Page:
Press Release

San Bernardino County Nurses To Picket Board of Supervisors Meeting Tuesday

RNs protest unsafe patient care conditions

San Bernardino County registered nurses from Arrowhead Regional Medical Center (ARMC), the county detention centers, juvenile halls, outpatient clinics, and public health programs will hold an informational picket on Tuesday, September 9, to call attention to what they view as unsafe conditions for their patients and a lack of response in negotiations by county officials.
What:                 San Bernardino County RNs Informational Picket
When:                Tuesday, September 9, 2014 8:30 a.m.– 9:30 a.m.
Where:               San Bernardino County Government Center
                           385 North Arrowhead Avenue, San Bernardino, CA 92415

The California Nurses Association/National Nurses United represents approximately 1,300 RNs in San Bernardino County who have been trying to negotiate an agreement for more than eight months with little progress on key issues of patient safety. Despite a current budget surplus, the county is proposing to cut standards that took decades to secure, according the nurses.

Issues include forcing RNs to work in units outside their area of expertise (referred to as floating) and unsafe and inadequate RN-to patient staffing, causing nurses to frequently work without the ability to take a break.  The county is also spending hundreds of thousands of dollars a month on temporary nurses when it would be more cost effective and better for patient care to hire qualified, permanent nursing staff.

The nurses are also protesting a wage proposal that will contribute to RN salaries remaining well below other comparable area nurse salaries, which is having an adverse effect on their ability to recruit and retain qualified experienced RNs.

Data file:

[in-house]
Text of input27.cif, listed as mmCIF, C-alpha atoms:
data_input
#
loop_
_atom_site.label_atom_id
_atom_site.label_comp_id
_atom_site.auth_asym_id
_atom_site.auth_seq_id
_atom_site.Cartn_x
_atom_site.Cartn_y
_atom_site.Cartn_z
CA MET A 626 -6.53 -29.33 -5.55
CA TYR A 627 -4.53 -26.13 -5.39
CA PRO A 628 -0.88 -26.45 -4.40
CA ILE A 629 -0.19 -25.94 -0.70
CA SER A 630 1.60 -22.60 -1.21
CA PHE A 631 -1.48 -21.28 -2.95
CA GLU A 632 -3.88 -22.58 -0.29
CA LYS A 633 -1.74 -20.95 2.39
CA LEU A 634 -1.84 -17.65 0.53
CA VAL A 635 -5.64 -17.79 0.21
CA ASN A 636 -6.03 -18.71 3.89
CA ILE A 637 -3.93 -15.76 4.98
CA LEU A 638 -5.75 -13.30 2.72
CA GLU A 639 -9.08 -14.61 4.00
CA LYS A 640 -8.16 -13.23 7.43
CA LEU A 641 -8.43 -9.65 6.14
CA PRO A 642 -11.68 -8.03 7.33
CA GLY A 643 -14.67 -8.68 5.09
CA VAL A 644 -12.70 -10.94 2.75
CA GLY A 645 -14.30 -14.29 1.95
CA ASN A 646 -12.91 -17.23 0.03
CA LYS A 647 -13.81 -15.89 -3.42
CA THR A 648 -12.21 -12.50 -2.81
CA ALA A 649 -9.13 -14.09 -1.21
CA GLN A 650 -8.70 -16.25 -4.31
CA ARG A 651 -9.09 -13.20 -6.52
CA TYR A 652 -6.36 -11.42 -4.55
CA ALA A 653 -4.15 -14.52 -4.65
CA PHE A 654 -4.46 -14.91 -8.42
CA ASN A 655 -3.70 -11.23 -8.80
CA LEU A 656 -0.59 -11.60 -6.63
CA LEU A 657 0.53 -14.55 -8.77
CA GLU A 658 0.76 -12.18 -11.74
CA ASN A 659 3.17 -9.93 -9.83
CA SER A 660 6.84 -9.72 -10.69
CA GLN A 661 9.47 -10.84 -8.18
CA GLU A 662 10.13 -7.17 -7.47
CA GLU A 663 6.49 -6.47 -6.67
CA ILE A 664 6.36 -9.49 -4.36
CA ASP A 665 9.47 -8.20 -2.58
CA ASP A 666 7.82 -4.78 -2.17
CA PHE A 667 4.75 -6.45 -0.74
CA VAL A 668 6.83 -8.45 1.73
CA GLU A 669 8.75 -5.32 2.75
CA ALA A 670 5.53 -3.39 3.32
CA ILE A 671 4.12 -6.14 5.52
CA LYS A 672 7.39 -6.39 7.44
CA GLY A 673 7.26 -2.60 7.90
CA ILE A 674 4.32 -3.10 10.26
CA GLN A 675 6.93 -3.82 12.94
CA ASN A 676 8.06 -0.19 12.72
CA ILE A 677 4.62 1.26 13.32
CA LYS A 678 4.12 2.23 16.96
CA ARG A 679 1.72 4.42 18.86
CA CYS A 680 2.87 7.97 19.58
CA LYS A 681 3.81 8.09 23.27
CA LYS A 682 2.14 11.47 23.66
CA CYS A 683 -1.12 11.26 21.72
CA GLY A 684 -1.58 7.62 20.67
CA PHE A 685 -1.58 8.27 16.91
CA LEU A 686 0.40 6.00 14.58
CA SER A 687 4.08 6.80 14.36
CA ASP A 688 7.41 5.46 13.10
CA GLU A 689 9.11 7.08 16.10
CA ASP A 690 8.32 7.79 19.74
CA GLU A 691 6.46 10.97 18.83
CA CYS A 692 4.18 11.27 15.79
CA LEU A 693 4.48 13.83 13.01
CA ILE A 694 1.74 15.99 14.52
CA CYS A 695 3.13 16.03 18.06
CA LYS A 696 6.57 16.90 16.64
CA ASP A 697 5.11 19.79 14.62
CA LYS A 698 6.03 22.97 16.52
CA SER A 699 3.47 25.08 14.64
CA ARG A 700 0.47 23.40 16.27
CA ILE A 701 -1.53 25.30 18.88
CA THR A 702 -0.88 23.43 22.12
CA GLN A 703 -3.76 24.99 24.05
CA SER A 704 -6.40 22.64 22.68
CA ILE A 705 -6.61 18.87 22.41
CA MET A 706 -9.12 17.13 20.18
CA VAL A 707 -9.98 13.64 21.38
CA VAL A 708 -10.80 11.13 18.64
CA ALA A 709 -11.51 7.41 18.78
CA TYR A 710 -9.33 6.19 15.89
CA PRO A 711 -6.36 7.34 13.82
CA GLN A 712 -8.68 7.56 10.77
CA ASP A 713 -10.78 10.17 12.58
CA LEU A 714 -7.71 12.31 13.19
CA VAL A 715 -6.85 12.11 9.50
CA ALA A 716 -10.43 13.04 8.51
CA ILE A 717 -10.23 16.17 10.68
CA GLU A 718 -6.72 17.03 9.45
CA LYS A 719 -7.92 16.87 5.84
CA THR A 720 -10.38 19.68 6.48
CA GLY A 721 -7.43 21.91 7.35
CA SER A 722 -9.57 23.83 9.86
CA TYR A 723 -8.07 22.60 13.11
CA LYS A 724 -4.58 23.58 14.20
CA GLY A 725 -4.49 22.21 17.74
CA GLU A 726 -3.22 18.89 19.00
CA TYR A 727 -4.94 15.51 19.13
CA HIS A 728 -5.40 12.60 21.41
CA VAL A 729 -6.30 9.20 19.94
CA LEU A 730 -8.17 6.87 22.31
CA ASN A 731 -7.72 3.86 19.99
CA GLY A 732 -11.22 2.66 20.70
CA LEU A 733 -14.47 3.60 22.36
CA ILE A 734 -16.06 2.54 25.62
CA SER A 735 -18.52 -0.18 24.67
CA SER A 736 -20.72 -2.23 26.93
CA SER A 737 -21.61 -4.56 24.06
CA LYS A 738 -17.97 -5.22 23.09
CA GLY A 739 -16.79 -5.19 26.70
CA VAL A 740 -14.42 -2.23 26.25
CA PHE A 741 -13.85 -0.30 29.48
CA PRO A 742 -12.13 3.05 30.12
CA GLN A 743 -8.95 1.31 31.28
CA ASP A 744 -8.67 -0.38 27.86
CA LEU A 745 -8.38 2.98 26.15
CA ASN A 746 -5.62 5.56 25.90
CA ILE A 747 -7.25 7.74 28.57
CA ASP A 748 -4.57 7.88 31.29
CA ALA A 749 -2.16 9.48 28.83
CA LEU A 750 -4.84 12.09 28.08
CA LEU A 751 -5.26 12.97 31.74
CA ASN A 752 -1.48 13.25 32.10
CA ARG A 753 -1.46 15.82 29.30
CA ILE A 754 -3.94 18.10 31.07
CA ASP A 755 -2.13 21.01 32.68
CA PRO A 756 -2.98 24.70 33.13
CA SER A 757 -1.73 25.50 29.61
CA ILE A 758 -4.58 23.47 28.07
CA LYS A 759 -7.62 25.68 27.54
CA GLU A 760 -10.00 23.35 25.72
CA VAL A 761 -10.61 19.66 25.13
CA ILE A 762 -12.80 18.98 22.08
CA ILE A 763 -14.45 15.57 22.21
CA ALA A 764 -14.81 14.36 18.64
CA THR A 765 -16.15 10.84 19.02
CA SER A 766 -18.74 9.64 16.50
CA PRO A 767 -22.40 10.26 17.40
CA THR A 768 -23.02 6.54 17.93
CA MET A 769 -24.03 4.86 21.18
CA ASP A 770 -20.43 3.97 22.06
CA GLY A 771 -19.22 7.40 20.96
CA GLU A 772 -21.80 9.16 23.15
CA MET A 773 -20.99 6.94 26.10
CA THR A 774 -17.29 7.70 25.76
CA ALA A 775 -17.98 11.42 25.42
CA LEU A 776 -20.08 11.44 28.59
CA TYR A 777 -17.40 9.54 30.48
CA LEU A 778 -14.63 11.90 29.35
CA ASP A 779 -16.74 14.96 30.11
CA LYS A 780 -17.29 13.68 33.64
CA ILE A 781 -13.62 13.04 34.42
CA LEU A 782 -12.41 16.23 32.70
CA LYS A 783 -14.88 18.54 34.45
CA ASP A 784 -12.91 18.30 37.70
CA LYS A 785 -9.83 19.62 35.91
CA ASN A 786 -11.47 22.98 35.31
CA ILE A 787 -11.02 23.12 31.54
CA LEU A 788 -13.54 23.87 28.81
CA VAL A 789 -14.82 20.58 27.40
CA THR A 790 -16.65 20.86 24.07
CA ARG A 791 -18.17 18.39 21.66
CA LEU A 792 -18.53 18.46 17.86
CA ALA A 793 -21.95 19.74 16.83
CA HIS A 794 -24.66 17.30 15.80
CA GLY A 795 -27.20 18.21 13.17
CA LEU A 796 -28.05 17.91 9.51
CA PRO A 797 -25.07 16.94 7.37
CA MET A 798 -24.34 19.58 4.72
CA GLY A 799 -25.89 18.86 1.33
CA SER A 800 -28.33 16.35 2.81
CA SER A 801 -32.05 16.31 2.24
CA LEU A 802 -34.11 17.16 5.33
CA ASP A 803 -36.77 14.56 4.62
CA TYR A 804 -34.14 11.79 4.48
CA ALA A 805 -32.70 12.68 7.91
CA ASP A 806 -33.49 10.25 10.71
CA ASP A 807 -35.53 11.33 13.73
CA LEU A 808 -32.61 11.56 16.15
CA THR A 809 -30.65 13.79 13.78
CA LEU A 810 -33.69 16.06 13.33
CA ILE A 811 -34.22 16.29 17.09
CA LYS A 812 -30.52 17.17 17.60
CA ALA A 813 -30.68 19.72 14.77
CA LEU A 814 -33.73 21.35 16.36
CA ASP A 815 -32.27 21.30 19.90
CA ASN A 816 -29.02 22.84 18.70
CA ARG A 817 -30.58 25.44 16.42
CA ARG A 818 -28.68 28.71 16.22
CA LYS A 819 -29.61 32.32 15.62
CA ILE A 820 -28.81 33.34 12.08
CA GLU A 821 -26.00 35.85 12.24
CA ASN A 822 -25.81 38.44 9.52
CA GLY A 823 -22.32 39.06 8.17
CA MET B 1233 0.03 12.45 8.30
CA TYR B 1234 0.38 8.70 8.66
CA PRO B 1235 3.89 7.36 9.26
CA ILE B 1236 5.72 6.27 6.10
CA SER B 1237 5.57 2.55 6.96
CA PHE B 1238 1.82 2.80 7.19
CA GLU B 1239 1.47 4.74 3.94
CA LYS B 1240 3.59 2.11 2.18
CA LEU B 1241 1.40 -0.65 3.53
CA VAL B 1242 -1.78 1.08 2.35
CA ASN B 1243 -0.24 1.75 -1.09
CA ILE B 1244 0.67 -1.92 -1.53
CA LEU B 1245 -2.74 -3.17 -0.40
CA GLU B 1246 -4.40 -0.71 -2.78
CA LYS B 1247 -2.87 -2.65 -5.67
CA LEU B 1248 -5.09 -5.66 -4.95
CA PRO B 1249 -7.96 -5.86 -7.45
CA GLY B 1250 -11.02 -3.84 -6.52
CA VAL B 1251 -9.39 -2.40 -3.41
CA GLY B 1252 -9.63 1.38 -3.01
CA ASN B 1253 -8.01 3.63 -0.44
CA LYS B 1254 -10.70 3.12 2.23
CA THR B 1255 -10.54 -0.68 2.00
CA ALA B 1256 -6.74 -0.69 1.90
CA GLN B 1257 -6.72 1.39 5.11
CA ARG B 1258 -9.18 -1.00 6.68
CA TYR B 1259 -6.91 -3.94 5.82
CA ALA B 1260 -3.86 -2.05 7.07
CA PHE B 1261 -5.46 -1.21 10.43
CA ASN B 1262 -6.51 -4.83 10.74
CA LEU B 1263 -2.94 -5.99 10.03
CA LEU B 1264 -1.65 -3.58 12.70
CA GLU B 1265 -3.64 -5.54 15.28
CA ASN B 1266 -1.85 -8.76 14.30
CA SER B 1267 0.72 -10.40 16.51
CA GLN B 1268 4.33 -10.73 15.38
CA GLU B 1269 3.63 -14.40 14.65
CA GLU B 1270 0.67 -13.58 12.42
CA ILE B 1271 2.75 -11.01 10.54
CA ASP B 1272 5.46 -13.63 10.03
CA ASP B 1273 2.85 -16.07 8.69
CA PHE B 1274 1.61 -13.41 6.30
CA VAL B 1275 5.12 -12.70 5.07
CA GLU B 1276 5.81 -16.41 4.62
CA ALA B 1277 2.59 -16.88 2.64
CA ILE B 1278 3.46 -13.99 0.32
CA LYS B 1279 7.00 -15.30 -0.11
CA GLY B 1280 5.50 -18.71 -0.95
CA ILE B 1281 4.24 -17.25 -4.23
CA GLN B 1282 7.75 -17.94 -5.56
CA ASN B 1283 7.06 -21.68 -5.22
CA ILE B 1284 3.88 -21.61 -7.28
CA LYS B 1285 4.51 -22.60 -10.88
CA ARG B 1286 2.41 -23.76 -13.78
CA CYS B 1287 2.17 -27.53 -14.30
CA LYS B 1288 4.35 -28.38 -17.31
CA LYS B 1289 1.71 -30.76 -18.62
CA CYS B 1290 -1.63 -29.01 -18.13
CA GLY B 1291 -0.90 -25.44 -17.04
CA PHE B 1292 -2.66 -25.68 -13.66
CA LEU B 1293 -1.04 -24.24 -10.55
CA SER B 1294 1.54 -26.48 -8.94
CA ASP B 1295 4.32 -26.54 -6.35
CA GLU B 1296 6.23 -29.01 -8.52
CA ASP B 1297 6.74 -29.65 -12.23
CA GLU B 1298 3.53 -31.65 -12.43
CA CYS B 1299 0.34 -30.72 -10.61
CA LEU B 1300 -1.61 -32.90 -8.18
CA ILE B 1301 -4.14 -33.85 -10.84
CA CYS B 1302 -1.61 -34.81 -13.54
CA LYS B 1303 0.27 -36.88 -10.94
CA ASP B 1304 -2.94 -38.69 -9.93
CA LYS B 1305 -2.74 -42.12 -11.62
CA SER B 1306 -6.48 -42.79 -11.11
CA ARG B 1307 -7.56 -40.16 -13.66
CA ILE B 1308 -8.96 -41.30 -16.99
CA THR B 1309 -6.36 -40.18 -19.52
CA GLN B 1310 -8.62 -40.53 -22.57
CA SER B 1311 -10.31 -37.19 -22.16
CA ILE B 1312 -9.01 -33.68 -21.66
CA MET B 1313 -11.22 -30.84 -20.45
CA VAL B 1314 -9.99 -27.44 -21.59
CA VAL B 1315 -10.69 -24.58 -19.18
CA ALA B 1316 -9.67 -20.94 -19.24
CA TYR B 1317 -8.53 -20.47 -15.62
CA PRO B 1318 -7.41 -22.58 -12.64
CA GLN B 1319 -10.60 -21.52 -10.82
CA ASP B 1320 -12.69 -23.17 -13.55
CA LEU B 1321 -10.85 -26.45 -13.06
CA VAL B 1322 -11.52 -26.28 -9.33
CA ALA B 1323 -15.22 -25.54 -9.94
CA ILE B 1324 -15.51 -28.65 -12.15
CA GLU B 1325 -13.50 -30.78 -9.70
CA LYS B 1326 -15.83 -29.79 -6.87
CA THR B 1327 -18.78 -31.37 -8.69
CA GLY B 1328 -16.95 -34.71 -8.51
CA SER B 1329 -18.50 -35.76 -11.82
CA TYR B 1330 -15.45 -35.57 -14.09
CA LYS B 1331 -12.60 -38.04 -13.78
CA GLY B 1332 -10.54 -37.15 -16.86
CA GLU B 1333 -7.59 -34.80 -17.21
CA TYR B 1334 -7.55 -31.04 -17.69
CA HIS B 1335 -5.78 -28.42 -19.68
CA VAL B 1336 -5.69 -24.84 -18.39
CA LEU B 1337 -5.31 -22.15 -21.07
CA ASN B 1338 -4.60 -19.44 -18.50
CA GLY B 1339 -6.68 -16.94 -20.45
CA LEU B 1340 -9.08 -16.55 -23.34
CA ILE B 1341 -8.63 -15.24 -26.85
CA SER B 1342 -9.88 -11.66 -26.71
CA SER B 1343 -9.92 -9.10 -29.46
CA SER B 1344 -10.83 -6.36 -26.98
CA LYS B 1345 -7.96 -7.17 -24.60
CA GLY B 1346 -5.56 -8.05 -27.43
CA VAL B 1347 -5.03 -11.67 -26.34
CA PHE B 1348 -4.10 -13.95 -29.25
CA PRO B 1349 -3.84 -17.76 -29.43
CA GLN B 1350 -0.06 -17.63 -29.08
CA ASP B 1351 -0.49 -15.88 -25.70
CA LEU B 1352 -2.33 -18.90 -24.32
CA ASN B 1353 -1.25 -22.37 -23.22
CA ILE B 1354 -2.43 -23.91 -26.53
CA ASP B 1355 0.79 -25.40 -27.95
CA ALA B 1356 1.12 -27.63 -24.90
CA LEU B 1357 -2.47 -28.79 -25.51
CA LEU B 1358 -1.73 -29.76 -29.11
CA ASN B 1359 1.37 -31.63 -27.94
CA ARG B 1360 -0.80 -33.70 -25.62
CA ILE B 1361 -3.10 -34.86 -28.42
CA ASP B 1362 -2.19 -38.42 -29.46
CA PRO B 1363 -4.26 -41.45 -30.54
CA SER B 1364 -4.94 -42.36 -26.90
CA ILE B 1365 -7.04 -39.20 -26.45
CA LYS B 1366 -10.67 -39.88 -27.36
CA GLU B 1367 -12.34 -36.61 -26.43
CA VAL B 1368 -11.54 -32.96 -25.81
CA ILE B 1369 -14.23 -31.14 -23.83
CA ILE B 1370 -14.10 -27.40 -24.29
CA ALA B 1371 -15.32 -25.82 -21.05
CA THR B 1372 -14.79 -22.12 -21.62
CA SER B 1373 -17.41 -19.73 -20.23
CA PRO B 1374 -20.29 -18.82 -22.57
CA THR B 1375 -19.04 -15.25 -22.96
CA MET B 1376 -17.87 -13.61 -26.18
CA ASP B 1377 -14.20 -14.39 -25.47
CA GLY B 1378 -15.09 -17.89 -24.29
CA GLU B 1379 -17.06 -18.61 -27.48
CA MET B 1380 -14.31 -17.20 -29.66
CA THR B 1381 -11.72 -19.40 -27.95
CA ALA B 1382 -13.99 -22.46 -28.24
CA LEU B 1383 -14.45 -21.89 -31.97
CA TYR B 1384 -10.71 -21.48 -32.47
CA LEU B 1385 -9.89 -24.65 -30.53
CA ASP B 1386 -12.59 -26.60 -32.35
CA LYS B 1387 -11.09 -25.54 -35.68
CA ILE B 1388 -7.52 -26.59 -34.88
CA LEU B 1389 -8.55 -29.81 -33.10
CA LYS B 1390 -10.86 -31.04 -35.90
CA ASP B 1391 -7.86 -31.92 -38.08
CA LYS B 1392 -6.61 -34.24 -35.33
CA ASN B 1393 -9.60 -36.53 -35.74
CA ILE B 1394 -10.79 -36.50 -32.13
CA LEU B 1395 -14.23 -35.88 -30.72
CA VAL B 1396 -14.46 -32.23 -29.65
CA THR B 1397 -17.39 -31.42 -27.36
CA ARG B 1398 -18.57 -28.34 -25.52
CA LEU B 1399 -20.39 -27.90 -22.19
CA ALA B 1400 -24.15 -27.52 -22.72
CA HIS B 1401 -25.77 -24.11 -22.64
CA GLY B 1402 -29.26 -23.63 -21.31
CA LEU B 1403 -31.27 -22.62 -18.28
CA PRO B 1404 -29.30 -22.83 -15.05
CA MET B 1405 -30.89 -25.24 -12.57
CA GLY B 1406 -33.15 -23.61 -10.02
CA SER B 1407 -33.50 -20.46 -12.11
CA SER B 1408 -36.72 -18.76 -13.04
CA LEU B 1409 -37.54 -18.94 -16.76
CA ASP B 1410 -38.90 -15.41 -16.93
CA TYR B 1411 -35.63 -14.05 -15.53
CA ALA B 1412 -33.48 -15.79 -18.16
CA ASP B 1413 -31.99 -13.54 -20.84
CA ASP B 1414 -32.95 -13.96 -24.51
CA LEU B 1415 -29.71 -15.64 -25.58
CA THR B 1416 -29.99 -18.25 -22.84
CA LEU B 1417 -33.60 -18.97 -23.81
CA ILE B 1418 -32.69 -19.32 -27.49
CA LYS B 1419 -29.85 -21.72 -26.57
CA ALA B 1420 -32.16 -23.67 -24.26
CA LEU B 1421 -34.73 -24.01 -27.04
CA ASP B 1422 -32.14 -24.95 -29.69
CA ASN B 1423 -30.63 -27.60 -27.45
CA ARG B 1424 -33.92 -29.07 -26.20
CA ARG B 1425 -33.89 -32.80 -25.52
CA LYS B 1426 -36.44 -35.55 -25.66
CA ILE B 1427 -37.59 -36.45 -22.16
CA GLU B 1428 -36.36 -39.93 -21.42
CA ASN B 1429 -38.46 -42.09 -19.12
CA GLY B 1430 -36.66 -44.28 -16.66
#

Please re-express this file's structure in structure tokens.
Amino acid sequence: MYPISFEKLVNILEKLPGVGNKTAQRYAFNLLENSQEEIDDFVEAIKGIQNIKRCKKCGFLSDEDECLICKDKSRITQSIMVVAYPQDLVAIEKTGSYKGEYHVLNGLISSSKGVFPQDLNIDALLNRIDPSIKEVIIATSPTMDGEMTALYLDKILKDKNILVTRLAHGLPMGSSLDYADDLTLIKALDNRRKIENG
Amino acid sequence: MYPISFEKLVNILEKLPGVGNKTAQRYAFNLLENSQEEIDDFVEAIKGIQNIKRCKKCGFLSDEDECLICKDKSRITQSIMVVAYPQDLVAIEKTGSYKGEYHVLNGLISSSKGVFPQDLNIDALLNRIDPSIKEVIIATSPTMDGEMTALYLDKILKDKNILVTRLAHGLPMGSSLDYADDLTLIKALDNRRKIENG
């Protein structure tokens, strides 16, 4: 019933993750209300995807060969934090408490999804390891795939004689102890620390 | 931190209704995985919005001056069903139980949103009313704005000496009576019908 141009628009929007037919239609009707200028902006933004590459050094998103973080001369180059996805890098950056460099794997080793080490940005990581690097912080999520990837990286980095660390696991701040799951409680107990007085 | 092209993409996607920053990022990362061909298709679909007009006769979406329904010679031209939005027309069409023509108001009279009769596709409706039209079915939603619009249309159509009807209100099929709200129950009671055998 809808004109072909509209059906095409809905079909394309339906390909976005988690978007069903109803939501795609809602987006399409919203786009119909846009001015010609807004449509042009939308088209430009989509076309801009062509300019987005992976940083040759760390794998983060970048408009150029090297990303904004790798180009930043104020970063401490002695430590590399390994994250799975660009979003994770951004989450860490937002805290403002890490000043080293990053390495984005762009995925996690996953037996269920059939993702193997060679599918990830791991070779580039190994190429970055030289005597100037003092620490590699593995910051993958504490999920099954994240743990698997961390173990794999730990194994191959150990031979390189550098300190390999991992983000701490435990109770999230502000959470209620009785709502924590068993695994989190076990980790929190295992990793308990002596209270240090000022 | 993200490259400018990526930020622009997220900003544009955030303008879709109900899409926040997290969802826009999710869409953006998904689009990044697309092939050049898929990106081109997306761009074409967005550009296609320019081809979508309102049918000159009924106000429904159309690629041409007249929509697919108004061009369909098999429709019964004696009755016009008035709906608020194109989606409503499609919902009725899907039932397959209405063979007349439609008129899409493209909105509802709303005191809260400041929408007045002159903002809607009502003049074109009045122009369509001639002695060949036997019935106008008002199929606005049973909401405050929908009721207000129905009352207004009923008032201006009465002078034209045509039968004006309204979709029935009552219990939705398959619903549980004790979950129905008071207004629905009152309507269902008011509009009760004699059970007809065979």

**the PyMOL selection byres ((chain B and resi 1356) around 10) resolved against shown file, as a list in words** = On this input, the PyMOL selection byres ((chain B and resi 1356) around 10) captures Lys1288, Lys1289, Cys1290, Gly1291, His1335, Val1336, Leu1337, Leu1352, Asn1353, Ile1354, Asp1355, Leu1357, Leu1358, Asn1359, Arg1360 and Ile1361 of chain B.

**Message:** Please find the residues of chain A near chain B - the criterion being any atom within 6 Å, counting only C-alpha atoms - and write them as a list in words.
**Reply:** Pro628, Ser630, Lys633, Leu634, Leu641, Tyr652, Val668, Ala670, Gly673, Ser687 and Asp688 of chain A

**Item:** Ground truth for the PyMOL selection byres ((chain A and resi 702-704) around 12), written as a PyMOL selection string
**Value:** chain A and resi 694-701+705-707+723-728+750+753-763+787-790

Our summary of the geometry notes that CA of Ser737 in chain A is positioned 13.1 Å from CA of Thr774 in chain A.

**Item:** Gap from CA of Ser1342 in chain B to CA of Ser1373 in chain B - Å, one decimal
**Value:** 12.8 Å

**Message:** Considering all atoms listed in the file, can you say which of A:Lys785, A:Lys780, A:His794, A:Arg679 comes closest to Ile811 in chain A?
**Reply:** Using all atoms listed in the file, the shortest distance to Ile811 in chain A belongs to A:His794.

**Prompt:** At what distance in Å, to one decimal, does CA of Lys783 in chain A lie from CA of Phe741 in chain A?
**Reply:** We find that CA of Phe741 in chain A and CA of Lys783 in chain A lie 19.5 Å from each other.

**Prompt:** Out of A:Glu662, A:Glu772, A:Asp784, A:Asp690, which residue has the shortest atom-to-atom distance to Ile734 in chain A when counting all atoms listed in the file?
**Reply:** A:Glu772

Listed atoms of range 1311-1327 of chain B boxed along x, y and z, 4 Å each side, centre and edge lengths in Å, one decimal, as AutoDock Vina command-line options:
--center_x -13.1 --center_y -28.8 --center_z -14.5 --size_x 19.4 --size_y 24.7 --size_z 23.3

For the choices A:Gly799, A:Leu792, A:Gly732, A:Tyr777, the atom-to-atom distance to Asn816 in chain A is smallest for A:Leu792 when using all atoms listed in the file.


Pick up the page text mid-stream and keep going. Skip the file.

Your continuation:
“RNs are routinely assigned an unsafe number of patients, in violation of state law,” said Toni Rodriguez, an emergency room night shift charge nurse.  “ARMC has one of the busiest emergency departments in the state, with an average of 340 new admissions and outpatient visits per day. The county has been slow in responding to proposals that would make it safer for patients, their families, and nurses delivering care at ARMC.”
“For months now, we have put forward proposals to county officials which address nurses’ concerns of unsafe staffing due, in part, to recruitment and retention issues, missed meals and breaks, and the lack of responsiveness from nursing administration to these concerns,” said Lieu Vo, a ARMC RN who works in the medical intensive care unit.
“We need patient safety provisions in our contract, similar to those that already exist in most California hospitals.  One such proposal would require the county to provide dedicated RN rapid response teams. These teams are immediately available and trained to recognize patients that are rapidly deteriorating and in need of emergent intervention.”